Eur Heart J., 33 (2012), pp. 2569-2619
E. Wilkins, L. Wilson, K. Wickramasinghe.
European Cardiovascular Disease Statistics.
2017, European Heart Network, (2017),
PORDATA. Óbitos por algumas causas de morte (%) [Internet]. [accessed 2017 Jul 2]. Available from:Óbitos+por+algumas+causas+de+morte+(percentagem)-758.
E. Bates, A. Jacobs.
Time to Treatment in Patients with STEMI.
N Engl J Med., 363 (2010), pp. 1-3
C. Liebetrau, S. Szardien, J. Rixe, et al.
Direct admission versus transfer of AMI patients for primary PCI.
Clin Res Cardiol., 100 (2011), pp. 217-225
H. Pereira, F.J. Pinto, R. Calé, et al.
Stent for Life in Portugal: This initiative is here to stay.
Rev Port Cardiol., 33 (2014), pp. 363-367
E. Barge-Caballero, J. Vázquez-Rodríguez, R. Estévez-Loureiro, et al.
Primary Angioplasty in Northern Galicia : Care Changes and Results Following Implementation of the PROGALIAM Protocol.
Rev Esp Cardiol (Engl Ed), 65 (2012), pp. 341-349
A. Manari, P. Ortolani, P. Guastaroba, et al.
Clinical impact of an inter-hospital transfer strategy in patients with ST-elevation myocardial infarction undergoing primary angioplasty: The Emilia-Romagna ST-segment elevation acute myocardial infarction network.
Eur Heart J., 29 (2008), pp. 1834-1842
D. Kawecki, M. Gierlotka, B. Morawiec, et al.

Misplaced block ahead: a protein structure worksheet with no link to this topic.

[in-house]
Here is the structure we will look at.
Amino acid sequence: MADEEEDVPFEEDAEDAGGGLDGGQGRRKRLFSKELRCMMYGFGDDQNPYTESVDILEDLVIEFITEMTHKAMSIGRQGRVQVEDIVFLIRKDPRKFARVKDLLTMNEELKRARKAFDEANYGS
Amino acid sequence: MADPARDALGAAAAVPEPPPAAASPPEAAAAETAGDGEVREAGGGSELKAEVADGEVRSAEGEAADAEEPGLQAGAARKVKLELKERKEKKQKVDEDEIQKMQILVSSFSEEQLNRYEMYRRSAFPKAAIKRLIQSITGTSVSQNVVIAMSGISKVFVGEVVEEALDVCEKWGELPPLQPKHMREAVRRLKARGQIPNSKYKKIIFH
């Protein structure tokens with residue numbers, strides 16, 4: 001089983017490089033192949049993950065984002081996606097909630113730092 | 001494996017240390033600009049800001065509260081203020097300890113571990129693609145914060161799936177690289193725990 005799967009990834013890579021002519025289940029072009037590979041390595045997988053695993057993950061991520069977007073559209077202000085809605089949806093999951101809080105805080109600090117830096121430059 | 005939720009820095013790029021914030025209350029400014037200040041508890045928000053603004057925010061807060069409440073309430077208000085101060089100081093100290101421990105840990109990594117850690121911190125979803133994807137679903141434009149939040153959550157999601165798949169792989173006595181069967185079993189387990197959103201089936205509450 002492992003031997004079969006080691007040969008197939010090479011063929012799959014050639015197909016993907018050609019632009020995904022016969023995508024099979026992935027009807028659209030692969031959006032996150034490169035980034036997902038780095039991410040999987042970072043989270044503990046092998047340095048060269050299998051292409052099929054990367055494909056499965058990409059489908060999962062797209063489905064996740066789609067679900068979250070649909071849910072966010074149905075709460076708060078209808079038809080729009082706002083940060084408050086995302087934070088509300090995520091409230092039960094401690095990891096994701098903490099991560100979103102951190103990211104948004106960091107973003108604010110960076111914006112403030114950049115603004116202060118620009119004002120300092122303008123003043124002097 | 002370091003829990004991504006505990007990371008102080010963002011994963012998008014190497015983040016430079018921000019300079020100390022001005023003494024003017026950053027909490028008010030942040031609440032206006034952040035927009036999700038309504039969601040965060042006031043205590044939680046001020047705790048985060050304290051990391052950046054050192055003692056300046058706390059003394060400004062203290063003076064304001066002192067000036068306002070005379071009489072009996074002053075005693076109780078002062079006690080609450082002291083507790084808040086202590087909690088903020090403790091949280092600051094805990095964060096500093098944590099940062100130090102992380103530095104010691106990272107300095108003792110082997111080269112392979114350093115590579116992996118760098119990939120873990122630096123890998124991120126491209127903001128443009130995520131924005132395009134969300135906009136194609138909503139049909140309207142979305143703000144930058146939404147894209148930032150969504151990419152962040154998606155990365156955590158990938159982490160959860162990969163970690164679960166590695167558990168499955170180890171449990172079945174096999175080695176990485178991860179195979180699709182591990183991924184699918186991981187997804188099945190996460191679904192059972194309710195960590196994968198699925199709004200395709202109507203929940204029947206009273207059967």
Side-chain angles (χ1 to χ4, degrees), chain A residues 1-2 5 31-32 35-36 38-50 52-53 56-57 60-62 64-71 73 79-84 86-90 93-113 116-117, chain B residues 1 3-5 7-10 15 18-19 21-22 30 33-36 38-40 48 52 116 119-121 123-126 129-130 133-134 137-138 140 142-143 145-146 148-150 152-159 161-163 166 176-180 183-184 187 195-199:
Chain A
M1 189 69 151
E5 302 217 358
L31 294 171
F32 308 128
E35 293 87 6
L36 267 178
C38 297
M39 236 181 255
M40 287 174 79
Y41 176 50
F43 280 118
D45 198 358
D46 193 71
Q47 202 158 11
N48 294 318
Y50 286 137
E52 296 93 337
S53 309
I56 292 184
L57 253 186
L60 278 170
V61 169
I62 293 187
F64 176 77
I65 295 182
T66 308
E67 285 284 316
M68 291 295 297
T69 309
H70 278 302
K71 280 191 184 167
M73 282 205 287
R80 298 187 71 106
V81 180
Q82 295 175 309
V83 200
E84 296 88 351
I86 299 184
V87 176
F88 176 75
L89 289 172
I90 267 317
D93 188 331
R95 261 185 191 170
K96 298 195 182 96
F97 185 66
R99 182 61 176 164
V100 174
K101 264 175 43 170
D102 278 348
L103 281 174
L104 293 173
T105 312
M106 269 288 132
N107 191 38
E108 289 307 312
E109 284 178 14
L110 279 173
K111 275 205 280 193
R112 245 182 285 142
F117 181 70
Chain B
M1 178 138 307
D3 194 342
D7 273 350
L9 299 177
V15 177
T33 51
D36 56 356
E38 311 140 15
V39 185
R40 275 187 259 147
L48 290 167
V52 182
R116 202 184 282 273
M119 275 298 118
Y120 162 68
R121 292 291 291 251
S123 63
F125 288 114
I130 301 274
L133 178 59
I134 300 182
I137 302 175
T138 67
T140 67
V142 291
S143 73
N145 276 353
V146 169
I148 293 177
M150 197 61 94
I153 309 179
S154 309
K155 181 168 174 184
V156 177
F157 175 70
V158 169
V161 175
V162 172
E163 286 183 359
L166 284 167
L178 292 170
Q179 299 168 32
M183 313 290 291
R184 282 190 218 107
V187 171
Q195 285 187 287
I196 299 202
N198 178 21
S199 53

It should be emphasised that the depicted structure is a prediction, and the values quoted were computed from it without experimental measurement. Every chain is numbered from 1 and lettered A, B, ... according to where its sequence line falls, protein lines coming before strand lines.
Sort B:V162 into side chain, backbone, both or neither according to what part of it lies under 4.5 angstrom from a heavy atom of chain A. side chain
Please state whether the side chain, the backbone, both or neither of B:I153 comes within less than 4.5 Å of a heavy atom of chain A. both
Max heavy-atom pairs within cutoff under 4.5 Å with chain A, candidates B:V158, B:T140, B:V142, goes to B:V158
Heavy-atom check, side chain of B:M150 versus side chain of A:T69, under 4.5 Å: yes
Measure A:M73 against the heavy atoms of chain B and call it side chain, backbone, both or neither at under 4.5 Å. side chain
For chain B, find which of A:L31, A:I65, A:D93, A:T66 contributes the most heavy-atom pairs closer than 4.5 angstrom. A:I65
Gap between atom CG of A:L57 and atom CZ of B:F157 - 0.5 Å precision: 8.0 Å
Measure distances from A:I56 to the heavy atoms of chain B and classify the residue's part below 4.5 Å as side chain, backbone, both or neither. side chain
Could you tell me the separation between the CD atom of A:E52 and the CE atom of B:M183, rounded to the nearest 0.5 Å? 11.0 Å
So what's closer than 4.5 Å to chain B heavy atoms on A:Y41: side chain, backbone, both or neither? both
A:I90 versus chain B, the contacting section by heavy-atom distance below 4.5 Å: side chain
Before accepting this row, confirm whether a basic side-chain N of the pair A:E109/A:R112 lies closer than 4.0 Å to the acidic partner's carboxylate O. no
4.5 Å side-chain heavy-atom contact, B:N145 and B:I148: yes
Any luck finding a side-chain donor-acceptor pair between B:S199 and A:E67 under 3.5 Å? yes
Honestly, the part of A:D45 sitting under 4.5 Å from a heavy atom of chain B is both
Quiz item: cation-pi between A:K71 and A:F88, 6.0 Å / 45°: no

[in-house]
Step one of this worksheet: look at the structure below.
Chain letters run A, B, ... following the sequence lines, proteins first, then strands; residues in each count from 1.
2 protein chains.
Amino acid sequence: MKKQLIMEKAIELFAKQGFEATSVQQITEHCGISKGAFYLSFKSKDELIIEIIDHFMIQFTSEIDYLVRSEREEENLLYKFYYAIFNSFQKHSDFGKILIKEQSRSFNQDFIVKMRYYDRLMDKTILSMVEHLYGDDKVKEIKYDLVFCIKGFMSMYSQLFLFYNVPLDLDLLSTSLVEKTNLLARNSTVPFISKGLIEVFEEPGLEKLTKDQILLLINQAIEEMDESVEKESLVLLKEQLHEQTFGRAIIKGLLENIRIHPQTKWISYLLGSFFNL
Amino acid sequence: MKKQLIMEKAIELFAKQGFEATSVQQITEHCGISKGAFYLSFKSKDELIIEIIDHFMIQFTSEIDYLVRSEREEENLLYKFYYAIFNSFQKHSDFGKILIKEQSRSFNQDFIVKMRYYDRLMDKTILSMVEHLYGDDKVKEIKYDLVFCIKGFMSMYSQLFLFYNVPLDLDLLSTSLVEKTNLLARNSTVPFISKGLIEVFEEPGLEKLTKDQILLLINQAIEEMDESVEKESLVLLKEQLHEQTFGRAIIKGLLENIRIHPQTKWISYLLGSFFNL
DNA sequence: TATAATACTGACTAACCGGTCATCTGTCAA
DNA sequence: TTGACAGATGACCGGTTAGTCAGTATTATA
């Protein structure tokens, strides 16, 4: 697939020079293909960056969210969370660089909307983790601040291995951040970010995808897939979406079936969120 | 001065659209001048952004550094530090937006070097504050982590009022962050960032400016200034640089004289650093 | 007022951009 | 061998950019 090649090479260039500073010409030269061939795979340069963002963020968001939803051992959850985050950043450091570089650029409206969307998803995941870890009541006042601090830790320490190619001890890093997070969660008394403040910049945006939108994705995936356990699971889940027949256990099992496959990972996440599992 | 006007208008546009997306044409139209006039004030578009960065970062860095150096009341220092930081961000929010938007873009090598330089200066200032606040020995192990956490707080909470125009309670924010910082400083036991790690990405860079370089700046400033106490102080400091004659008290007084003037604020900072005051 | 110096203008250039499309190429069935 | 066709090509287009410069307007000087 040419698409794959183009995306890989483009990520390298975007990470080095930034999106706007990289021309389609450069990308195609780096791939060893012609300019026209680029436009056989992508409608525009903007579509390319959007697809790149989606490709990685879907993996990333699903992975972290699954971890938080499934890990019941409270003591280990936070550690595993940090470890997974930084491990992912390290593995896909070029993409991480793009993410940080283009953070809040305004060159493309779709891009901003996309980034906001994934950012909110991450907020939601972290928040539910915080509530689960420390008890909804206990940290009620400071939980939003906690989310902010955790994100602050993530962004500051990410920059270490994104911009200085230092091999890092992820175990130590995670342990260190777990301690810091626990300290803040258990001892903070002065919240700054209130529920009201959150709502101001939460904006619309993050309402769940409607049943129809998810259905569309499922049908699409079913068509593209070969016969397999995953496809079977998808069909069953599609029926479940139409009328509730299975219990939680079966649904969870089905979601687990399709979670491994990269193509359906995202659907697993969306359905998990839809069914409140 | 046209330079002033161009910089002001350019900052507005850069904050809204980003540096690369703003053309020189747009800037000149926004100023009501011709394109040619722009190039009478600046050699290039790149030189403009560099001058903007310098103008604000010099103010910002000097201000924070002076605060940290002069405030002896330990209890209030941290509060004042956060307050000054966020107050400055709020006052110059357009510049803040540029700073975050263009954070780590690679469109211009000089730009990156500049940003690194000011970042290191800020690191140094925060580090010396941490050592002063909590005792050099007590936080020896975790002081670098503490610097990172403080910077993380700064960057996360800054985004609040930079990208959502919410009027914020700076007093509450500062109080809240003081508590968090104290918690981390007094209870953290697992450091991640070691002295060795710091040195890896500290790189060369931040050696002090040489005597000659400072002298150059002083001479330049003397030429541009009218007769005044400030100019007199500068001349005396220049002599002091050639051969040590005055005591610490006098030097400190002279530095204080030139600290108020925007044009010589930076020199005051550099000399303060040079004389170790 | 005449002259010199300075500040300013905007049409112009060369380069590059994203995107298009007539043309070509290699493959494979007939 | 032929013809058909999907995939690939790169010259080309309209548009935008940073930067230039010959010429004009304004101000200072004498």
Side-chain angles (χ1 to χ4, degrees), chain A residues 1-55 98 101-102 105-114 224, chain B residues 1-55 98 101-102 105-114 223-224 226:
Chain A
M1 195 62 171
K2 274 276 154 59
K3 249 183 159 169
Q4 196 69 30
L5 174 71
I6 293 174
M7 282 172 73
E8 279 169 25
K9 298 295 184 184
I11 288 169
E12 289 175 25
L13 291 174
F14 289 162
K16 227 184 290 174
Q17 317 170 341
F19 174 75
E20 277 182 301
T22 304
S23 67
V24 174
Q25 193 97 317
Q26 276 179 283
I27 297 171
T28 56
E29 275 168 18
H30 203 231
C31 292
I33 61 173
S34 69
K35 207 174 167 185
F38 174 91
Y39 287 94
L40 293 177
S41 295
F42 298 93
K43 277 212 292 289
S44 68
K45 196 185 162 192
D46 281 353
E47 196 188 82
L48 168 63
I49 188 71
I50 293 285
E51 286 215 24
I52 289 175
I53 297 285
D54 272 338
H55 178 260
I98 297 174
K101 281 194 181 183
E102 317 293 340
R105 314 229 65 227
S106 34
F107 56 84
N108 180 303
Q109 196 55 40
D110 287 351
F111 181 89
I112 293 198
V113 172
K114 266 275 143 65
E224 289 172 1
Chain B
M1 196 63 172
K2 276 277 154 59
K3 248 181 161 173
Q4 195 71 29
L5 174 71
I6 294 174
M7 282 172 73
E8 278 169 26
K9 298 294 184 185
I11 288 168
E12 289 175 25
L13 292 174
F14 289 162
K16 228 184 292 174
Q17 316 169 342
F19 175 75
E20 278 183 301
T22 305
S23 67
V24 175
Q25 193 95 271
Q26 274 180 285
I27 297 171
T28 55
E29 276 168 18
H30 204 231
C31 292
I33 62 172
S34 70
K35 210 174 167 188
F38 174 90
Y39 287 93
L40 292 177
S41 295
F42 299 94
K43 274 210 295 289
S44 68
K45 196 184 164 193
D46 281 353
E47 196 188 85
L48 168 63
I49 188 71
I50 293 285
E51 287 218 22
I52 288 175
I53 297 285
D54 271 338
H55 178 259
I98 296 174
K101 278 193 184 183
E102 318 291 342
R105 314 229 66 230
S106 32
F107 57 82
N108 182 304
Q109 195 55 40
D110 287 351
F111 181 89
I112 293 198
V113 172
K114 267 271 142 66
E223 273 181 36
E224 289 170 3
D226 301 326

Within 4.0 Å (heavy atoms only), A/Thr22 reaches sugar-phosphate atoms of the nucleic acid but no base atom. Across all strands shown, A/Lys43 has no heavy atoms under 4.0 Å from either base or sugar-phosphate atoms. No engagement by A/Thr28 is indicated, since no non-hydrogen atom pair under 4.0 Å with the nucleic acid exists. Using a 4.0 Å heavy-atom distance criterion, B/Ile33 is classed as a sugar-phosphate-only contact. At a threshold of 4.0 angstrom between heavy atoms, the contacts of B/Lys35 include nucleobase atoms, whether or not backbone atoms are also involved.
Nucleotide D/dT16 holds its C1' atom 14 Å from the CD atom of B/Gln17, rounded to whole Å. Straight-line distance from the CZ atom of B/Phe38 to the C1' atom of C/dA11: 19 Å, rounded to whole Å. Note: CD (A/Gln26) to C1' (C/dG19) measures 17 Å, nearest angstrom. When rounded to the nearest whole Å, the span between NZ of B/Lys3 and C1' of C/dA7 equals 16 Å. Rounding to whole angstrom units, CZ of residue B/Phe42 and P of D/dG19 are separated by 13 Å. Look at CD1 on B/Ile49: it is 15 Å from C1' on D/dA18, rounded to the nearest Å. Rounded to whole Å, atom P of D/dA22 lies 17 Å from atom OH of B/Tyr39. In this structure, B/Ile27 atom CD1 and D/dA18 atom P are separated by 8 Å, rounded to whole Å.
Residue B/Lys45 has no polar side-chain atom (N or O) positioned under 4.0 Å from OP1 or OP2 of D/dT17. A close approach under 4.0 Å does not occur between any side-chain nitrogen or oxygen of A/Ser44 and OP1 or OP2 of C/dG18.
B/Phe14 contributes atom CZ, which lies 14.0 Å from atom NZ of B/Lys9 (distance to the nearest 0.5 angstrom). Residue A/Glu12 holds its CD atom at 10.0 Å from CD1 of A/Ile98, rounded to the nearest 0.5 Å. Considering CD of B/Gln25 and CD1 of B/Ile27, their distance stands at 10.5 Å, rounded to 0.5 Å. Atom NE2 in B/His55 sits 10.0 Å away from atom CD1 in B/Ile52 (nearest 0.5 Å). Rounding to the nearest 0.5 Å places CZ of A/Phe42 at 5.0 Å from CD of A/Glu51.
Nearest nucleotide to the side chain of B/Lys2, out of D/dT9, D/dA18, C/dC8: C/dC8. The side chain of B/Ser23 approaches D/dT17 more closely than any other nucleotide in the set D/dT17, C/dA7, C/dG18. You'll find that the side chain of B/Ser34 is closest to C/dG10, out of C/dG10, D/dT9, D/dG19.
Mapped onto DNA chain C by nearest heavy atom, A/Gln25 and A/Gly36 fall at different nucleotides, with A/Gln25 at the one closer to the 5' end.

Direct Admission Versus Interhospital Transfer for Primary Percutaneous Coronary Intervention in ST-Segment Elevation Myocardial Infarction.
J Am Coll Cardiol., 10 (2017), pp. 438-447
H. Pereira, F.J. Pinto, R. Calé, et al.
The Stent for Life initiative: Factors predicting system delay in patients with ST-segment elevation myocardial infarction.
Rev Port Cardiol, 37 (2018), pp. 681-690
H. Pereira, R. Calé, F.J. Pinto, et al.
Factors influencing patient delay before primary percutaneous coronary intervention in ST-segment elevation myocardial infarction: The Stent for life initiative in Portugal.
Rev Port Cardiol., 37 (2018), pp. 409-421
T. Killip, J.T. Kimball.
Treatment of myocardial infarction in a coronary care unit.
Am J Cardiol., 20 (1967), pp. 457-464
A. Field, J. Miles, Z. Field.
Sage publications, Ltd, (2013),
H. Kim.
Statistical notes for clinical researchers: assessing normal distribution (2) using skewness and kurtosis.
Restor Dent Endod., 38 (2013), pp. 52-54
J. Pallant.
Allen & Unwin, (2007),
P E.
Effect Size Calculators [Internet].
Y. Chan.
Biostatistics 203. Survival analysis.
Singapore Med J., 45 (2004), pp. 249-256
World Medical Association.